UNC Health Care
graphic of child thinking of different summer activities in idea boxes

Rethinking Summer Break

School’s out for summer! Now what? The euphoria around getting out of school can quickly give way to boredom and frustration about having nothing to do.

As parents often seek opportunities to entertain their children for the next six to eight weeks, UNC Health Care pediatrician Ty Bristol, MD, MPH, offers these tips for how to use summer break to positively affect your child’s health down the road.

Connect to Protect

Children and teenagers who have good connections to family, friends, teachers, sports teams, activities or clubs are less likely to engage in high-risk behaviors such as abusing alcohol and risky sexual activity, Dr. Bristol says.

“Health is not just your heart, lungs, skin or acne. A healthy child or teenager is not just physically healthy but they’re spiritually, emotionally, socially, culturally healthy as well,” Dr. Bristol says. “And summer break is the perfect time to check in and make sure your children are staying connected to others.”

Spend time as a family hiking or watching movies. Encourage your child to make plans with friends or engage in off-season training for their favorite sport with teammates. Send them to spend a few weeks with relatives.

This face-to-face “real world” contact is especially important in a society so dominated by screens and virtual interactions.

Help Others

Even from a young age, children who help others learn that other people view the world differently and have different options and resources, Dr. Bristol says.

“Volunteering has a benefit because you’re helping somebody beyond yourself. That’s important and protective in terms of how children and teenagers think of themselves, their confidence and their sense of purpose,” Dr. Bristol says. “And if they have a good sense of self, that can help them avoid peer pressure to engage in high-risk behaviors.”

There are endless opportunities for kids to serve in the community. Sign up your child to volunteer to sort clothes at a shelter or participate in a litter cleanup. Contact your local food bank or retirement community and ask about opportunities to help. Younger children can make cards and spend time with elderly neighbors.

For older teens, Dr. Bristol recommends using the summer to get experience related to their career aspirations. For example, if your child wants to pursue a career in health care, perhaps as a doctor or nurse, call your pediatrician or local hospital to find volunteer opportunities there.

“Those organizations are usually very excited to have young learners,” Dr. Bristol says.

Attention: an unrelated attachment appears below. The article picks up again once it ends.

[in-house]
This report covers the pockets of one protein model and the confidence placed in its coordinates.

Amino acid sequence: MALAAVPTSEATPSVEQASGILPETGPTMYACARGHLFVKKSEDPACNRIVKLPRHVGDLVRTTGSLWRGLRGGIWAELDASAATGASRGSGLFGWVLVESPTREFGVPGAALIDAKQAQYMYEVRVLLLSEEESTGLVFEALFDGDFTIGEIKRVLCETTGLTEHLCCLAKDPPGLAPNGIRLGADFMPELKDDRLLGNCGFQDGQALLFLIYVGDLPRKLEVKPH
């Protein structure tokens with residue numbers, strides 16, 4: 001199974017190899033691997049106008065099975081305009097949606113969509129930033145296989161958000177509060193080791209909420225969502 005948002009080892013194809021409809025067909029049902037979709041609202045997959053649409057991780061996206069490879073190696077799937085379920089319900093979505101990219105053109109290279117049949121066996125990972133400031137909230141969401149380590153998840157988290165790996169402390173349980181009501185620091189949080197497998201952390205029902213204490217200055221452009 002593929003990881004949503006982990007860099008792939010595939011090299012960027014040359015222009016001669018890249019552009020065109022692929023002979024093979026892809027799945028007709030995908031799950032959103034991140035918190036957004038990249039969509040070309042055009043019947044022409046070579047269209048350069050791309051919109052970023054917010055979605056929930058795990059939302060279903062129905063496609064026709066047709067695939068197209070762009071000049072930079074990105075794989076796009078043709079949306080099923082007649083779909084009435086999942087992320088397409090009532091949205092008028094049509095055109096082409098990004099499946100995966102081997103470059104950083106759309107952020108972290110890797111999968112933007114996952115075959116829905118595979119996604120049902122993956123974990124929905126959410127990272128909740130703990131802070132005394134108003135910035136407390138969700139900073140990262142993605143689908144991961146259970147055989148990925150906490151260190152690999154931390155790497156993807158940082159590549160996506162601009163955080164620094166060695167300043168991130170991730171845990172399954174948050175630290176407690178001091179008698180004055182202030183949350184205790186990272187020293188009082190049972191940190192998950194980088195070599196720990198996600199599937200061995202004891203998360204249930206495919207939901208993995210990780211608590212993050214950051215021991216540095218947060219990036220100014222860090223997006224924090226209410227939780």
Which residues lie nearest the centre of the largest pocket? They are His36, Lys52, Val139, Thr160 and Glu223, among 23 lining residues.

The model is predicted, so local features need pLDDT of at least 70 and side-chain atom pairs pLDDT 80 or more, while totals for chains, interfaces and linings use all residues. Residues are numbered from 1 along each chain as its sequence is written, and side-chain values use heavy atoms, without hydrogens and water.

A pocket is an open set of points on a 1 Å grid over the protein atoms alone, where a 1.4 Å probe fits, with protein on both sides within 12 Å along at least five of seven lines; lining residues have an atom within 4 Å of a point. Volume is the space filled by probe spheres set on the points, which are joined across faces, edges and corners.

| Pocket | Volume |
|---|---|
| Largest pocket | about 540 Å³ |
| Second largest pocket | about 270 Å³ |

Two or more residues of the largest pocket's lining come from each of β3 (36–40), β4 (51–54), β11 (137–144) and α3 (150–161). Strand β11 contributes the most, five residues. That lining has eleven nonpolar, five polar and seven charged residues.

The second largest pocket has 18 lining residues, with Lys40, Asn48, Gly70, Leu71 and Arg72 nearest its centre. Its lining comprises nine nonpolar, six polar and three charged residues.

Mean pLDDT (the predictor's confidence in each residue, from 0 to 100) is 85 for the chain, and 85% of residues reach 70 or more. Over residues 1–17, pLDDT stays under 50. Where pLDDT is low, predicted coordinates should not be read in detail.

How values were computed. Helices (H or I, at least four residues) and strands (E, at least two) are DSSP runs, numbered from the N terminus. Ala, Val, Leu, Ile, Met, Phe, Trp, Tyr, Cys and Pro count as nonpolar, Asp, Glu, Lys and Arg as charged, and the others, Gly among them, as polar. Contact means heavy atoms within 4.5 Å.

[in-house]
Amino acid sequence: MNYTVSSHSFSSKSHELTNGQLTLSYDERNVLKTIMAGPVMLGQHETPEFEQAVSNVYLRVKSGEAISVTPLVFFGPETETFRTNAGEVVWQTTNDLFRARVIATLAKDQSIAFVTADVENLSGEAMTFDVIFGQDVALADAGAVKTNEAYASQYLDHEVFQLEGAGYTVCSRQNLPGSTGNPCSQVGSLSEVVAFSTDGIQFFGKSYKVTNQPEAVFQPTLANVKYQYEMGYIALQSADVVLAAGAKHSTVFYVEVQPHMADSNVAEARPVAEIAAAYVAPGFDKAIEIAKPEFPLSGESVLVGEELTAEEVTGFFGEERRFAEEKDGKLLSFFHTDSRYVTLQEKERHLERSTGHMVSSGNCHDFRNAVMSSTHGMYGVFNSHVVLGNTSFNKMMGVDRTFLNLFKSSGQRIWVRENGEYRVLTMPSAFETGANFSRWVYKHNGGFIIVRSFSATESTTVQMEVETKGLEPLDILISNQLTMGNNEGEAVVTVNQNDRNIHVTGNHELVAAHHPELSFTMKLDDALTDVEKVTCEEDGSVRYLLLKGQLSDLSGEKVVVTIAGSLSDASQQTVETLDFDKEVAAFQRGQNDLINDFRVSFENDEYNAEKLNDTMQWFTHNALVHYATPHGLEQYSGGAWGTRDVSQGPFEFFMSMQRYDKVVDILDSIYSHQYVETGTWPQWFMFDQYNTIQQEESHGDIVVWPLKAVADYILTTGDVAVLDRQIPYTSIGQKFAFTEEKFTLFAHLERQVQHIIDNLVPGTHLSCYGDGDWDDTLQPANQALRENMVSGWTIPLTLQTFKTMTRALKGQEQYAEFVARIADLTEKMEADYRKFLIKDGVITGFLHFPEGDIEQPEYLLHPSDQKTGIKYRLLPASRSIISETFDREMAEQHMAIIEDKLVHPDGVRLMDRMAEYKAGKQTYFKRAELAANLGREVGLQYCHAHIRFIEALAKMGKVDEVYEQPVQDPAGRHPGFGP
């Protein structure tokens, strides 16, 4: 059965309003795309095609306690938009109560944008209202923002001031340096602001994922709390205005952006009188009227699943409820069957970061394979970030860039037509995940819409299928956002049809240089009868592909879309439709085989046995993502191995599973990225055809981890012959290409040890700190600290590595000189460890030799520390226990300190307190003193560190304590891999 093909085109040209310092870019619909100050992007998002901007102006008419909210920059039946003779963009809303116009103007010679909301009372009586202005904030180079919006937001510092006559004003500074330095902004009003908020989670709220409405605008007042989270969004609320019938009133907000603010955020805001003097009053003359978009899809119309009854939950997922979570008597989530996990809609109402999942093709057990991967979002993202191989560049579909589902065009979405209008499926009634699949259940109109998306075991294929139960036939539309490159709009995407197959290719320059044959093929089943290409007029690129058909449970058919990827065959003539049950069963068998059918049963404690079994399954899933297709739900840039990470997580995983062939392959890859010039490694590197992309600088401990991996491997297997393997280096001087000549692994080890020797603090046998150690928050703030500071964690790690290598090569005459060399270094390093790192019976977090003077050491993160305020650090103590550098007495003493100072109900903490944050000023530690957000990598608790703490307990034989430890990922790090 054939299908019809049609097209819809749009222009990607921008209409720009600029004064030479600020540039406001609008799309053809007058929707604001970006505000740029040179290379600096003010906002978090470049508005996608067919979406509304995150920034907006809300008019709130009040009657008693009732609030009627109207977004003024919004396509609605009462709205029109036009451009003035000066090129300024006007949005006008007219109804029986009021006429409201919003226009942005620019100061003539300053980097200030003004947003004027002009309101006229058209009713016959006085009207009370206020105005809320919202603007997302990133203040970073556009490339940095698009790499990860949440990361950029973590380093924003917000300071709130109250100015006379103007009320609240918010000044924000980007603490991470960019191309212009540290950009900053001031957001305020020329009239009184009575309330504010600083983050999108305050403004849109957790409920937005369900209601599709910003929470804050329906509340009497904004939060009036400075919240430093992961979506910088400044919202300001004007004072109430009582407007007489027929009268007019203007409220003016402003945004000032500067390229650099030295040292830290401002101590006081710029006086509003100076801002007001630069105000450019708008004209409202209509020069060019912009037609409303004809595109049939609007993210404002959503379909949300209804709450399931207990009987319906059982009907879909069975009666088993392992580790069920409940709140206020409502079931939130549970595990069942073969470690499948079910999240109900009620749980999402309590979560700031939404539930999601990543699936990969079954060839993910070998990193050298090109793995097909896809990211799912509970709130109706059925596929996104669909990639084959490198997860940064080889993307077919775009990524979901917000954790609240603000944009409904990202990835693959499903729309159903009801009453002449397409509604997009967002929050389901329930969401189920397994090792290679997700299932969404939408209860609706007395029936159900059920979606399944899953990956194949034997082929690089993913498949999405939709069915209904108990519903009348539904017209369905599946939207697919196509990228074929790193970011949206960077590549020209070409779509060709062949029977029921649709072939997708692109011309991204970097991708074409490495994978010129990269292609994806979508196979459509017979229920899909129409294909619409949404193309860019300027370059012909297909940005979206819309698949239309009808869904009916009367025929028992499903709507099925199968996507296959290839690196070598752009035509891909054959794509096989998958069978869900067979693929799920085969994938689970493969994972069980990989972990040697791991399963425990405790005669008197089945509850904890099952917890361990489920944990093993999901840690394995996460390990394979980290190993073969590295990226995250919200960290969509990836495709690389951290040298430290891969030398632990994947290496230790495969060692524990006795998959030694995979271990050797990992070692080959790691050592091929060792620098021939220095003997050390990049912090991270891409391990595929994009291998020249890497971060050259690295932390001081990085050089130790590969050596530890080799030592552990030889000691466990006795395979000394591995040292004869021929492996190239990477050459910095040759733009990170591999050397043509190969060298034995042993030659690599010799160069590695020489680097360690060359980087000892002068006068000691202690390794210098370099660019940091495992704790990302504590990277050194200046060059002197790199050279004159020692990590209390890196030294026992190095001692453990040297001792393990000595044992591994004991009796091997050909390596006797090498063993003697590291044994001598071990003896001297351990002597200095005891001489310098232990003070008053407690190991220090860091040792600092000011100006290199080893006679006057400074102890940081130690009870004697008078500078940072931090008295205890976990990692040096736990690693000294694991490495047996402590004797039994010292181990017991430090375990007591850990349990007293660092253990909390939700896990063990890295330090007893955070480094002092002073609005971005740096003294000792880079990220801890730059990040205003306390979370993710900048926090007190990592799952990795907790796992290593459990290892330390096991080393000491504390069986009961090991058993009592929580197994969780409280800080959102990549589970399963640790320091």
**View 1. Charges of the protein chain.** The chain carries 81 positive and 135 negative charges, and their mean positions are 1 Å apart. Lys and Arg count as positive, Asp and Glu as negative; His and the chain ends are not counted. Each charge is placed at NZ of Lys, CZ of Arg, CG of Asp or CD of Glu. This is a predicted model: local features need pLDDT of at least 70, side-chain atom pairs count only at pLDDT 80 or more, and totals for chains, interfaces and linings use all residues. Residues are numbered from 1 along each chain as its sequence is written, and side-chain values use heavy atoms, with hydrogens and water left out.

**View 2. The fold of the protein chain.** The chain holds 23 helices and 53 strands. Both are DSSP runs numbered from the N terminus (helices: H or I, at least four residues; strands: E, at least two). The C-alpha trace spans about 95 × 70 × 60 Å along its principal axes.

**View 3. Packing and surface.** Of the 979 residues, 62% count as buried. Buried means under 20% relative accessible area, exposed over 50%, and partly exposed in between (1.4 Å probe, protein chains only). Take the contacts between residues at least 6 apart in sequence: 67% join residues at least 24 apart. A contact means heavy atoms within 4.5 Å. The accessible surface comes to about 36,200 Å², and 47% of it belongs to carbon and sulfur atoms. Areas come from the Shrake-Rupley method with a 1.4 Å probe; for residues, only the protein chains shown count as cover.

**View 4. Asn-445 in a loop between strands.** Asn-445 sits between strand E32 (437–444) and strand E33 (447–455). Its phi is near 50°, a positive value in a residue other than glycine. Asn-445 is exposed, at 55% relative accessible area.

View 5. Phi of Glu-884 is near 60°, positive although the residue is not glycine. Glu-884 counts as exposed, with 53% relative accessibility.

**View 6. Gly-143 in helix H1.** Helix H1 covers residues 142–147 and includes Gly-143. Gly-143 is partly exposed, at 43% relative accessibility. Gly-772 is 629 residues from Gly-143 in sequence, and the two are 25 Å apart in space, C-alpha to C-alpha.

Step Outside Your Box

Summer is a great time to tackle goals and learn a new skill. It’s a chance to pursue something your child couldn’t do while he or she was in school, Dr. Bristol says.

Maybe this is the summer your child masters a difficult piano piece, learns the backstroke or gets her license. Visit the museum in your hometown or attend a play in the park. Attend a cultural festival in town.

Dr. Bristol encourages parents to introduce their children to new experiences and people over the break.

“I challenge parents to expose their children to different things, different ethnic groups, different cultures and different foods,” he says. “And we don’t always have to fly to Italy or fly to China do that.”

Many activities are free or low-cost.

Get a Job

Dr. Bristol encourages older teenagers to get a job over the summer.

“There is a lot of value in having responsibility, earning money and being responsible for your earnings,” Dr. Bristol says. Besides the life lessons of being on time, answering to a boss and getting along with coworkers, a job gives a teenager the chance to positively affect the family’s finances.

Think Long-Term

Don’t worry about doing all of these tips; focus on small steps that will benefit your kids based on their interests and personalities.

“Try to tailor the summer to your specific children. It doesn’t have to be cookie-cutter,” Dr. Bristol says. “Whatever you plan, think through how what your child does this summer will impact him when he’s 30.”


Talk to your pediatrician about what summer activities may benefit your child. If you do not have a pediatrician, find one near you.]